Texas State Technical College West Texas and Cisco College have seen big increases in their technical programs related to the oil industry.
Lauren Jorgensen started taking diesel classes at TSTC West Texas last month.
"With the diesel field there's so many different job opportunities are available and they all pay really well," said Jorgensen.
With the potential oil boom from the Cline Shale many people like Jorgensen are training for open jobs.
"I really don't know where else in America you have the type of activity going on that we have in the region right now and of course some of those new programs play to the activity in the cline shale," said Kyle Smith, vice president of student learning.
That includes students like Hector Hernandez, who said what he learns at TSTC could mean a better future.
"With the money I want to have my own truck and have my own business and help out my family," Hernandez said.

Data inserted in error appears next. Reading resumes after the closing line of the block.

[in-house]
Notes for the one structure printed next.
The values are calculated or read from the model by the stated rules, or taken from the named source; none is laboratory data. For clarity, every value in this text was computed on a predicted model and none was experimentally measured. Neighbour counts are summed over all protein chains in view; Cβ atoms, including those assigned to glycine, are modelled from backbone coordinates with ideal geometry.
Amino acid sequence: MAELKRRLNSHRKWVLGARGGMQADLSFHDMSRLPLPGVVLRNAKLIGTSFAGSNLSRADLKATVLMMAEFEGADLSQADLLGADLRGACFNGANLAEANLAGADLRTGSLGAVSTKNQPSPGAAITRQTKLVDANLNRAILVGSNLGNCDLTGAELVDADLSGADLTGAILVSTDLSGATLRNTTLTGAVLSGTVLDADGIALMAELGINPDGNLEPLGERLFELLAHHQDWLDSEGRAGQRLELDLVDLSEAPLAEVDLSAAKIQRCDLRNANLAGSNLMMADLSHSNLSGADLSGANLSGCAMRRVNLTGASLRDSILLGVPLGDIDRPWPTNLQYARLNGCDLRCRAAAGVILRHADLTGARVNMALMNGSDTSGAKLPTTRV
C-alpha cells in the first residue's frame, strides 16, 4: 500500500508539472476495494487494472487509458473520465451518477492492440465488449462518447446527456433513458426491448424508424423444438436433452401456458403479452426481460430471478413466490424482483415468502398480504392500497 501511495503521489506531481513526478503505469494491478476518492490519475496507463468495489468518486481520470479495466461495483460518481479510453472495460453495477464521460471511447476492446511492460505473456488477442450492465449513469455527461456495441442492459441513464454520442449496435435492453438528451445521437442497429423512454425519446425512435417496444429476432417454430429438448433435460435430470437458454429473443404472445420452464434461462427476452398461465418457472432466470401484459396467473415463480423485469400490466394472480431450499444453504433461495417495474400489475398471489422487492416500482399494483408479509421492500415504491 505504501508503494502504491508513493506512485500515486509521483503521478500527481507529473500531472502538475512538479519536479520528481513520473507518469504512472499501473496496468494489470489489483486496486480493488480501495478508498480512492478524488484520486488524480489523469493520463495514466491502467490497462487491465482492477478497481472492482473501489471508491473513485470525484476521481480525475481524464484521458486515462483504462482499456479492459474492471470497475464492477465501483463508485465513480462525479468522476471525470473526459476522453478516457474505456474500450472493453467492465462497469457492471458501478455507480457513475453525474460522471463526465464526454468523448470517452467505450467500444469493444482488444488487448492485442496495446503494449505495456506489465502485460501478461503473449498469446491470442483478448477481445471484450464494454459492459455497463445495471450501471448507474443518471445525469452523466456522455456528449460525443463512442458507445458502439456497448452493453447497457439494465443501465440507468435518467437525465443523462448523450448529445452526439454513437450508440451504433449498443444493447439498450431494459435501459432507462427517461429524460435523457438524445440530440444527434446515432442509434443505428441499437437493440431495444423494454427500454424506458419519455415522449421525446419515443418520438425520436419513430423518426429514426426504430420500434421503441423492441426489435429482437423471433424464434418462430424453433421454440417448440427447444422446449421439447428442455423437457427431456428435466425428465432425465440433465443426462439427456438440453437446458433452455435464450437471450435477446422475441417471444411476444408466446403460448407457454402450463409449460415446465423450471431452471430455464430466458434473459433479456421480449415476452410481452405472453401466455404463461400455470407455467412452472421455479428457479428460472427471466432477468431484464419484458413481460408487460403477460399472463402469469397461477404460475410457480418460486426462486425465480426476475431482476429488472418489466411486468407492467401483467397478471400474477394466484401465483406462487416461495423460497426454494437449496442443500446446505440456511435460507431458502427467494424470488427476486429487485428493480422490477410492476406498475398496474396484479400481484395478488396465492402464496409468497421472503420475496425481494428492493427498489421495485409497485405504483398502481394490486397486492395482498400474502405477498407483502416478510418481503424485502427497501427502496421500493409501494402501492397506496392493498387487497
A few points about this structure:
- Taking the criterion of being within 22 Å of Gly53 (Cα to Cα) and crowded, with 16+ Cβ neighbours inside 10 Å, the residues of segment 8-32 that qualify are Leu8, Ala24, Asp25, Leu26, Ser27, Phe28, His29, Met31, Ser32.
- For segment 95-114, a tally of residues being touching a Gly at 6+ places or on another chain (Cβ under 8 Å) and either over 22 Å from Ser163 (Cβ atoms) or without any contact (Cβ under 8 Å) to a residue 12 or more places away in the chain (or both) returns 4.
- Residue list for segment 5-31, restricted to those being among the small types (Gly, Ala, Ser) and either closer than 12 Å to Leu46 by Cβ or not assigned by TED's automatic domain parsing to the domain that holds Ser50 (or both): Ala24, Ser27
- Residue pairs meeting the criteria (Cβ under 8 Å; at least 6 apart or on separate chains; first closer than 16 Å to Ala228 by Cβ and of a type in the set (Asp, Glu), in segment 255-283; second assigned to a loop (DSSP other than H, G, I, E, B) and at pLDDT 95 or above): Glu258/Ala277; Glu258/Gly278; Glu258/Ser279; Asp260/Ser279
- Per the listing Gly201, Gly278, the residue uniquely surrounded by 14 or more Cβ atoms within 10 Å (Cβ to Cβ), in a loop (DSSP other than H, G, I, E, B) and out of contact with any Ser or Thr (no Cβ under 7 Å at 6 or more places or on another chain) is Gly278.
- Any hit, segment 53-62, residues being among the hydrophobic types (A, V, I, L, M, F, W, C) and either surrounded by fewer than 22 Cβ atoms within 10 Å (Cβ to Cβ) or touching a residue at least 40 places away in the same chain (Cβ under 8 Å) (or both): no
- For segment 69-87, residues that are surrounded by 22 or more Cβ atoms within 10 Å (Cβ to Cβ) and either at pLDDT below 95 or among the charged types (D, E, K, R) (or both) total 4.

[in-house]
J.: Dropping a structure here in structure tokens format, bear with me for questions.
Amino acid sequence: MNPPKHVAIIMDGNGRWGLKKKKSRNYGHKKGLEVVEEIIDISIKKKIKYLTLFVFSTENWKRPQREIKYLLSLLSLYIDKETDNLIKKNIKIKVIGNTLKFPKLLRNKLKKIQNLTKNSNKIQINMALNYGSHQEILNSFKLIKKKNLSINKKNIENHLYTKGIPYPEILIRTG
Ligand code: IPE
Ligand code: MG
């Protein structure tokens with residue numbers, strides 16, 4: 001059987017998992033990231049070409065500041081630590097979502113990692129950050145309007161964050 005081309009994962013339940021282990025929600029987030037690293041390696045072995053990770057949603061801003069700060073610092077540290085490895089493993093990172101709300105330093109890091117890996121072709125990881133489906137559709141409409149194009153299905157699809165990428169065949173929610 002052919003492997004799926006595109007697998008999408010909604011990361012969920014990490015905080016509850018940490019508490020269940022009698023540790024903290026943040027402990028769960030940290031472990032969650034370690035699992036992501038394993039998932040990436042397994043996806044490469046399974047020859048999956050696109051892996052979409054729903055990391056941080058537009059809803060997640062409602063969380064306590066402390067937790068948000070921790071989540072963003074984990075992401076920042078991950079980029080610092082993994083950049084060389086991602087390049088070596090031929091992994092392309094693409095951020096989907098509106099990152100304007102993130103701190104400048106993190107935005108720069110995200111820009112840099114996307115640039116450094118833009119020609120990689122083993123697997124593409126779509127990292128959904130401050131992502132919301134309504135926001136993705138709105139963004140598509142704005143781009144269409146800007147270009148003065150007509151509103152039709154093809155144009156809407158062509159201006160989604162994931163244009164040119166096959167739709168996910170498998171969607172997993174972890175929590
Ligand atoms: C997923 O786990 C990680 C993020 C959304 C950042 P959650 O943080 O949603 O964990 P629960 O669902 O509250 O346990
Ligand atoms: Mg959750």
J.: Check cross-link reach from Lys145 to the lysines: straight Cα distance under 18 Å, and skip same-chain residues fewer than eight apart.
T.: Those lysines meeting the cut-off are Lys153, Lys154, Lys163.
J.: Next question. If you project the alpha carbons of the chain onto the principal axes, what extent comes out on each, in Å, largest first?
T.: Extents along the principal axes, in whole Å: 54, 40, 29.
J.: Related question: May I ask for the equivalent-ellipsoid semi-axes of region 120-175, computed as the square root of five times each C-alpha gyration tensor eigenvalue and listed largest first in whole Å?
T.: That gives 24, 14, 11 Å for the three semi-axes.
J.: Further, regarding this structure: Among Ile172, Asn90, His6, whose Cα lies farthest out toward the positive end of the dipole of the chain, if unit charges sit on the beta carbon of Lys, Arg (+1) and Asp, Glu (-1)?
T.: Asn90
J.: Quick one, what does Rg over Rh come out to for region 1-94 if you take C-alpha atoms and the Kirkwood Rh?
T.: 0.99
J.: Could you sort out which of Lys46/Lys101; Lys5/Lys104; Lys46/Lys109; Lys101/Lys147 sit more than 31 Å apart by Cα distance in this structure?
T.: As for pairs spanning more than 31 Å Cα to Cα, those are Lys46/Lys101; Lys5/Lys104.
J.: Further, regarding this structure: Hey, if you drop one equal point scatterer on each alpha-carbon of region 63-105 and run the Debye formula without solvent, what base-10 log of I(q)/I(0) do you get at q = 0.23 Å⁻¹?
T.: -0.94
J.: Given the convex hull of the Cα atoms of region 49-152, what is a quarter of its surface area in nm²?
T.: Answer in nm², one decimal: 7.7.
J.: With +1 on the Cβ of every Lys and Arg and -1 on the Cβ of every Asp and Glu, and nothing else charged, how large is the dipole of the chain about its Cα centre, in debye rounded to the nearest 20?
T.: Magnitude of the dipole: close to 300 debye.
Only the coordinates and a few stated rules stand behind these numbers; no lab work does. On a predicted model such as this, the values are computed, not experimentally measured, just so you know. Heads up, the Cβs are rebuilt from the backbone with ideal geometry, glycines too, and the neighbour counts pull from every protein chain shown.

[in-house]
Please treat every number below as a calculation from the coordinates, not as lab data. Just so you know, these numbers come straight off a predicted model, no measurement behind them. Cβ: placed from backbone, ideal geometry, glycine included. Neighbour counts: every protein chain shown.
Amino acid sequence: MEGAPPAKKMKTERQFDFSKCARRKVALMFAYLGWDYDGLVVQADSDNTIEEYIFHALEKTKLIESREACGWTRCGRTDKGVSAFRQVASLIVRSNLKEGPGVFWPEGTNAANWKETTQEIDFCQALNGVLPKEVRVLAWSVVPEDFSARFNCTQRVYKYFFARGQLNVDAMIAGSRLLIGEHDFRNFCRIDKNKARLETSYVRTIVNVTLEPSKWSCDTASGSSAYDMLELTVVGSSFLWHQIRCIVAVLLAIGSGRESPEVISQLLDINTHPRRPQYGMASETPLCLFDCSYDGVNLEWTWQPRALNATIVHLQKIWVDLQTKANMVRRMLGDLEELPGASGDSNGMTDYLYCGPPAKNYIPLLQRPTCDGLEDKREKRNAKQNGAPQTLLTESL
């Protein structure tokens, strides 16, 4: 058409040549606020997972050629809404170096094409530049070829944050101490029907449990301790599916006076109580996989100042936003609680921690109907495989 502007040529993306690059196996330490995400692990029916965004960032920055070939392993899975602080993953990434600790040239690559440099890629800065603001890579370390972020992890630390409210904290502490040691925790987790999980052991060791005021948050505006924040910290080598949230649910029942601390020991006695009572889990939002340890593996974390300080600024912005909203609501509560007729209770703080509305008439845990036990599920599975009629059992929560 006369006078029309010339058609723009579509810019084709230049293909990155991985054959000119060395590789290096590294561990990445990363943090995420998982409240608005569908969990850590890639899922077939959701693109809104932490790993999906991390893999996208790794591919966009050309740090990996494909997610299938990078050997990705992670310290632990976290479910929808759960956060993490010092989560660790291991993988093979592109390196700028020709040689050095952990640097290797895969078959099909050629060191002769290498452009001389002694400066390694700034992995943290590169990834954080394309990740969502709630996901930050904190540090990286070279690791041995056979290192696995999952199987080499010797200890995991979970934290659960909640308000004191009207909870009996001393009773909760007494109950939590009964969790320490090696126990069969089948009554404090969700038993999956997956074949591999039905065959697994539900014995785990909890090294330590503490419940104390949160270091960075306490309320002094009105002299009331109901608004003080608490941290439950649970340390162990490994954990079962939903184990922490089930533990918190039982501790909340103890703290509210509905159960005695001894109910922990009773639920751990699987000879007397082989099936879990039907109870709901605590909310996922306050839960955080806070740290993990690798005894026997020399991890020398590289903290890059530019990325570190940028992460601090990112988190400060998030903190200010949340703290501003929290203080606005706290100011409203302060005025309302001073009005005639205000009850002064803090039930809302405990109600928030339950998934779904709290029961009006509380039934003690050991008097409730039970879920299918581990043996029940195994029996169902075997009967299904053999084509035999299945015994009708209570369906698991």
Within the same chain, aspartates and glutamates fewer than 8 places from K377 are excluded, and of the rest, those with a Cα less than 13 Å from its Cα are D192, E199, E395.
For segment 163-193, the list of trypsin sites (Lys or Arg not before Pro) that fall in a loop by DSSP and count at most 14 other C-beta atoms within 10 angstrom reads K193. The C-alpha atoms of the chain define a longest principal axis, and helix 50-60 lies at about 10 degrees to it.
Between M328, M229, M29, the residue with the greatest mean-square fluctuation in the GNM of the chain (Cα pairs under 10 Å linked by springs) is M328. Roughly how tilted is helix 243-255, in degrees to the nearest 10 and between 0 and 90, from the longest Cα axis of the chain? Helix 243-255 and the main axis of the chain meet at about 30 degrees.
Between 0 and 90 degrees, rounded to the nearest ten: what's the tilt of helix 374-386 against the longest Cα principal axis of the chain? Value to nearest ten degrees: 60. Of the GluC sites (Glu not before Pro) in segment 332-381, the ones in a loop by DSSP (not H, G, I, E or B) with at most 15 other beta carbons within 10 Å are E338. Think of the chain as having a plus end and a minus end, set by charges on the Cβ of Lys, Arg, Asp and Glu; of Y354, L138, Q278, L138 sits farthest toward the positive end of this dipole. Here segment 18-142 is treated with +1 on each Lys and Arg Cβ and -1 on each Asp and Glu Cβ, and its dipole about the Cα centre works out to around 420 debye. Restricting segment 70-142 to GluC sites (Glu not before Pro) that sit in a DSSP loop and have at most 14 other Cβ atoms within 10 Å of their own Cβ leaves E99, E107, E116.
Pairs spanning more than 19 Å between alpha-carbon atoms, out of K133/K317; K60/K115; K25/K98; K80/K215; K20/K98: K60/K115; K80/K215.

Hernandez and Jorgensen are two of 1,200 students that decided TSTC was a better fit than a university. That’s a 23 percent increase over last year.
"I just looked at it as I can do anything that any of the boys can do and as long as I stay in that mindset I can do that," Jorgensen said.
It’s a trend that Cisco College is seeing as well, although overall their enrollment is down.
"Evidently the word is out welding is hot right now and hot in the sense, it is hot literally, it is hot simply because there's a job market. You go west and you're going to get a job," Cisco College Abilene Educational Center Provost Carol Dupree said.
Many are already doing just that.
"I think that's part reason we've had the drop is because of the oil and gas thing that's going on west of here because people are going to work instead of coming to school," said Dupree.
At TSTC West Texas, 1,282 students are enrolled this year. On the same date last year, the college had 1,041.
At Cisco College this year, there are 3,591 students – compared to 3,821 last year.